Audi Sport competes in several racing categories, including GT2, but it hasn't participated in the World Rally Championship (WRC) for many years. It's not planning a comeback, either, so a Swedish team is bringing the Quattro name back to the starting grid with a custom-built, rally-ready evolution of the pocket-sized Audi A1 hatchback.
Swedish pilot Mattias Ekström launched the project on behalf of the EKS JC racing team he recently formed. He started with an A1, a four-door city car developed largely for the European market. Preparing it for international rallying required gutting the interior, adding a full roll cage, and installing sport seats for the front passengers. The pilot faces a three-spoke multi-function steering wheel and a screen that provides information about the car and its surroundings, while the door panels are made with carbon fiber. Clearly, this is a no-expenses-spared build.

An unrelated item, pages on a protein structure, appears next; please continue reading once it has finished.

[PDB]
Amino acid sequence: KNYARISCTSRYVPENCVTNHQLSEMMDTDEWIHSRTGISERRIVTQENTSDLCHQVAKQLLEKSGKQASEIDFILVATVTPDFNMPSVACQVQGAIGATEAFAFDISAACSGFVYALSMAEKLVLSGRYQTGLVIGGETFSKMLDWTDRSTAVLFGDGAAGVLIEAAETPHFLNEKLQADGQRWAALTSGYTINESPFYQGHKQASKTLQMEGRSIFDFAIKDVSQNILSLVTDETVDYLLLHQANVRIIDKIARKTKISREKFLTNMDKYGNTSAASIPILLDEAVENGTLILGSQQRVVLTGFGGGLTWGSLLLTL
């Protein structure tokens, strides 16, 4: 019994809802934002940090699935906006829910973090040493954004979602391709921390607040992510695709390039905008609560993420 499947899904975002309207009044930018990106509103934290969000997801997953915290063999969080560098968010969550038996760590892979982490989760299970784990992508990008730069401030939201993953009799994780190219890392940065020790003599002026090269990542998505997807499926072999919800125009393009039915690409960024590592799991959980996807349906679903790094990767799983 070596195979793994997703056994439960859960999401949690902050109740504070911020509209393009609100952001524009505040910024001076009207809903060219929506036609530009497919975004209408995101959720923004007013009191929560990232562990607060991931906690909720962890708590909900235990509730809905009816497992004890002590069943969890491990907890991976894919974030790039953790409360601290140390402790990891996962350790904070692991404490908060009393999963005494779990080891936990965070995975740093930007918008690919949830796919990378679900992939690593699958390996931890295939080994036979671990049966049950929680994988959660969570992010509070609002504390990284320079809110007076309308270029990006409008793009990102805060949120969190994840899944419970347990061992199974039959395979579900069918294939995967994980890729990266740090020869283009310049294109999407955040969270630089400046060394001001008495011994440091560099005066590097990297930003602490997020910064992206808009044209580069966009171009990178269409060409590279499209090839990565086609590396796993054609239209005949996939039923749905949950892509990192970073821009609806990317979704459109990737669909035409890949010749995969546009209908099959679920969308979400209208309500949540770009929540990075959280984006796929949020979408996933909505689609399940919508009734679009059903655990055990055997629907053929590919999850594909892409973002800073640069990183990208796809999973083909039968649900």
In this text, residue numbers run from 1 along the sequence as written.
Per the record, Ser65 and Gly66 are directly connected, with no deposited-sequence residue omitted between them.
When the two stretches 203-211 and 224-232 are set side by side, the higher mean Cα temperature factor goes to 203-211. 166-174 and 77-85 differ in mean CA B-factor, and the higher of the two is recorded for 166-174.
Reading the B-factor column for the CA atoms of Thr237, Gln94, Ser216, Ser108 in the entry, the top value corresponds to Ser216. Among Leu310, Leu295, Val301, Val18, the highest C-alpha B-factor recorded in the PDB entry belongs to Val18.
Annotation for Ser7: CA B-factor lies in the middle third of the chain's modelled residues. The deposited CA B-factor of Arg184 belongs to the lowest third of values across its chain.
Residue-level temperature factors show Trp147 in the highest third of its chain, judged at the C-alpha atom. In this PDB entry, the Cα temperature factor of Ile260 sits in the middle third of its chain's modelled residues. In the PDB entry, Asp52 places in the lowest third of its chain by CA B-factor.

Outside, nearly every body panel was redesigned with racing in mind. The front bumper is specific to the rally car, the fenders and the quarter panels are punched out, and the roof gains an air scoop. The white, yellow, red, gray, and black livery is a tribute to the original Quattro race cars that dominated the rally scene during the 1980s. We think the A1 wears this look well, especially because the three vents above its grille are inspired by those on the Quattro Coupe.
The hatchback sounds as mean as it looks thanks to a turbocharged, 1.6-liter four-cylinder engine tuned to develop 263 horsepower. It sends power to all four wheels via a five-speed sequential transmission and, of course, Audi's time-tested Quattro all-wheel-drive system. South Africa-based Rally Technic participated in the development.
Building a rally car from scratch is a massive undertaking, and the A1 Quattro is not quite ready for its competition debut. It still needs to be fine-tuned, first on snow, then on gravel, and finally on tarmac. Emil Bergkvist, a 26-year old Swedish pilot who is a former FIA Junior WRC champion, has been selected as the car's development driver.
When it's fully dialed in, Ekström's A1 will be eligible to compete in the WRC2 and WRC3 classes, which are support categories where up-and-coming young drivers can gain experience before moving up to the top league in WRC. It complies with FIA standards, so it can be entered in other events, too. It will start to race in 2021.